5/14: MetroIntelligence Economic Update by P. DUFFY

Federal Reserve Chairman Powell comments on the economic road ahead

The current downturn is unique in that it is attributable to the virus and the steps taken to limit its fallout. This time, high inflation was not a problem. There was no economy-threatening bubble to pop and no unsustainable boom to bust. The virus is the cause, not the usual suspects—something worth keeping in mind as we respond. But the recovery may take some time to gather momentum, and the passage of time can turn liquidity problems into solvency problems. Additional fiscal support could be costly, but worth it if it helps avoid long-term economic damage and leaves us with a stronger recovery. This tradeoff is one for our elected representatives, who wield powers of taxation and spending.



Producer Price Index falls 1.3 percent in April and 1.2 percent year-on-year

The Producer Price Index for final demand declined 1.3 percent in April (the largest monthly dip since the index began in December 2009), and was down 1.2 percent year-on-year.  Prices for final demand less foods, energy, and trade services fell 0.9 percent in April (the largest decline since the index was introduced in September 2013), and was down 0.3 percent year-on-year, the index’s first 12-month decrease.



Consumer Price Index falls 0.8 percent in April, but up 0.3 percent year-on-year

The Consumer Price Index declined 0.8 percent in April, for the largest monthly decline since December 2008. Over the last 12 months, the all items index increased 0.3 percent, a substantial decline from 1.5 percent in March. The ‘core’ index for all items less food and energy fell 0.4 percent in April, the largest monthly decline in the history of the series, which dates to 1957. This core index rose 1.4 percent over the last 12 months, its smallest increase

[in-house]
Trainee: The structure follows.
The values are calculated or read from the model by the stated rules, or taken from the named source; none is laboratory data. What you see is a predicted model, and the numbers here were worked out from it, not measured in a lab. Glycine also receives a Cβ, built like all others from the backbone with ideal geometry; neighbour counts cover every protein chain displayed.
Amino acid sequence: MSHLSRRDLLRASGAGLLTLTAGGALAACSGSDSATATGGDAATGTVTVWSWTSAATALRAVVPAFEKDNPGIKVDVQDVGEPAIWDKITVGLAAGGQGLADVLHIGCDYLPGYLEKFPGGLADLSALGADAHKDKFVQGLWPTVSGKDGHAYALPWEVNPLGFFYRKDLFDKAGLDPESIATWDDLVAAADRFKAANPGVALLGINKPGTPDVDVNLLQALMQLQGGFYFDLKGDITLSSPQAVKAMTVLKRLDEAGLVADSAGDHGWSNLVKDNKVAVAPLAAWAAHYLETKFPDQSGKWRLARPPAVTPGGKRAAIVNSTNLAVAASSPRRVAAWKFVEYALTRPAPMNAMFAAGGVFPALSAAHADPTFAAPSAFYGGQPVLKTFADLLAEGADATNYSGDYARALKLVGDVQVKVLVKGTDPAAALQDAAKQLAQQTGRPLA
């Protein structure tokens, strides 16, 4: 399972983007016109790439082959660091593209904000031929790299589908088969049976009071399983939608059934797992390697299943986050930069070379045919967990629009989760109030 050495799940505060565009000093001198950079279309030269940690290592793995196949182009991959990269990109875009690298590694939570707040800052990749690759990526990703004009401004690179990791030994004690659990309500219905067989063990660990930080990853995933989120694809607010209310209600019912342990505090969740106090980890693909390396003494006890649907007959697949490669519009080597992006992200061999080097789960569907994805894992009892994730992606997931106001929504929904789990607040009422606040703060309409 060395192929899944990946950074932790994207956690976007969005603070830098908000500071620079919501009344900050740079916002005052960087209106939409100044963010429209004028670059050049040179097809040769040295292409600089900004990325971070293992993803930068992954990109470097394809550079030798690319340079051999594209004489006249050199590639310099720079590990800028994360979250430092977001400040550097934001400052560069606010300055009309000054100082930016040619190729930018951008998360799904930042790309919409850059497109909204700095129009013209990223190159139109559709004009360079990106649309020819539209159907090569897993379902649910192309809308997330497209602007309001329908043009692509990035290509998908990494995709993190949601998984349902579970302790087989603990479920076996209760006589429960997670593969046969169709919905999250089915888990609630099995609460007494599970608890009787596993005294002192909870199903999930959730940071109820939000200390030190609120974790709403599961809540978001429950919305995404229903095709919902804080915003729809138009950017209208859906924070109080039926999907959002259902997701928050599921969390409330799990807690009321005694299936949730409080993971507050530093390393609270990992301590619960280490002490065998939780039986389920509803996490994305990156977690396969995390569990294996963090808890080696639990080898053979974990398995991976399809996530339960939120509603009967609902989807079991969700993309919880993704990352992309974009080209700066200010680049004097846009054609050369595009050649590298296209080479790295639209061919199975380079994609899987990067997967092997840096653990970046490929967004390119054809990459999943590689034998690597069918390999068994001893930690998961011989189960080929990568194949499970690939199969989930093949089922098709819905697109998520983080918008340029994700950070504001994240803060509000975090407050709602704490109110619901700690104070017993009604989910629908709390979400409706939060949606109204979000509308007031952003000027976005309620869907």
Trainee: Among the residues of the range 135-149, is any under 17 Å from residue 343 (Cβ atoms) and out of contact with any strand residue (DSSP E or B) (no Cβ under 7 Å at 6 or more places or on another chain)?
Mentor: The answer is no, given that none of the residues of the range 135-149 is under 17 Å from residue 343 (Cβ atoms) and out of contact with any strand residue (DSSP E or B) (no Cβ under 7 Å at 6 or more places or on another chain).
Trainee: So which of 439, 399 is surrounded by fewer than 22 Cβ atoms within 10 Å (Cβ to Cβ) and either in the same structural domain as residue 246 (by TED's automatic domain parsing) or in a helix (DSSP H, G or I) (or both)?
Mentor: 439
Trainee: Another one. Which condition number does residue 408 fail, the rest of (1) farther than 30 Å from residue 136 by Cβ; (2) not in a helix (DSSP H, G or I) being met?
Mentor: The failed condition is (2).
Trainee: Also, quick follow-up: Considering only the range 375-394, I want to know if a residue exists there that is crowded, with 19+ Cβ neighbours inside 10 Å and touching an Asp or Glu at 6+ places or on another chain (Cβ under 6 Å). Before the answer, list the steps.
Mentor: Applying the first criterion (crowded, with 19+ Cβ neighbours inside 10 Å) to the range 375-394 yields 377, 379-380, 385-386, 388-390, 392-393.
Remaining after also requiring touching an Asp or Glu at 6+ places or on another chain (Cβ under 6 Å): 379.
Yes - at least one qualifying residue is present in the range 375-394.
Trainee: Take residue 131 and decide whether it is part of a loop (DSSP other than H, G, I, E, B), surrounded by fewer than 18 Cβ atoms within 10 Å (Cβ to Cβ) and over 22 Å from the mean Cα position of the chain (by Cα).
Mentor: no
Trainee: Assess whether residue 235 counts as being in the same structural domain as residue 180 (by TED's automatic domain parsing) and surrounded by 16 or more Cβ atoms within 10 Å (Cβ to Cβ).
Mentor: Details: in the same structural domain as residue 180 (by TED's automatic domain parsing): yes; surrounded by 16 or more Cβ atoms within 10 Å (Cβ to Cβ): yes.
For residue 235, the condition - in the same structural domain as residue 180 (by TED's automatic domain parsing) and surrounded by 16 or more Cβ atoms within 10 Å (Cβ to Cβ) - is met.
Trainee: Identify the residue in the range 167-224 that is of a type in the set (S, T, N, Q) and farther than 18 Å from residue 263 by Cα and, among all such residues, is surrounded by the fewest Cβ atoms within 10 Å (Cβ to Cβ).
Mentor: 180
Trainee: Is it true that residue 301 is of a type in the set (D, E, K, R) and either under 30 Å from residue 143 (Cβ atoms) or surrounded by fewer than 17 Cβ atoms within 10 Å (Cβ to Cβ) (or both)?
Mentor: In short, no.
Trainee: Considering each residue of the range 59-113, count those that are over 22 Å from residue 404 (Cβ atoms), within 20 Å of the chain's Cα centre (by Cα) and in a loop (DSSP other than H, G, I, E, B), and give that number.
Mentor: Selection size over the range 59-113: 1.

since April 2011, and down from 2.1 percent in March.



Small Business Optimism Index falls another 5.5 points in April to 90.9

Small business optimism took another dive in April, falling 5.5 points to 90.9, with owners expressing certainty the economy will weaken in the near-term, but expecting it to improve over the next six months. The Optimism Index has fallen 13.6 points over the last two months.  However, reports of expected better business conditions in the next six months increased 24 points, rebounding from a 17-point decline in March. Owners’ optimism about future conditions indicates they expect the recession to be short-lived.



Gallup:  51 percent of American adults pulling back on spending

Fifty-one percent of U.S. adults say they have been spending less money in recent months than they used to, an increase of nearly 20 percentage points from a year ago. The last time a majority of Americans reported spending less than usual was in 2009-2010.


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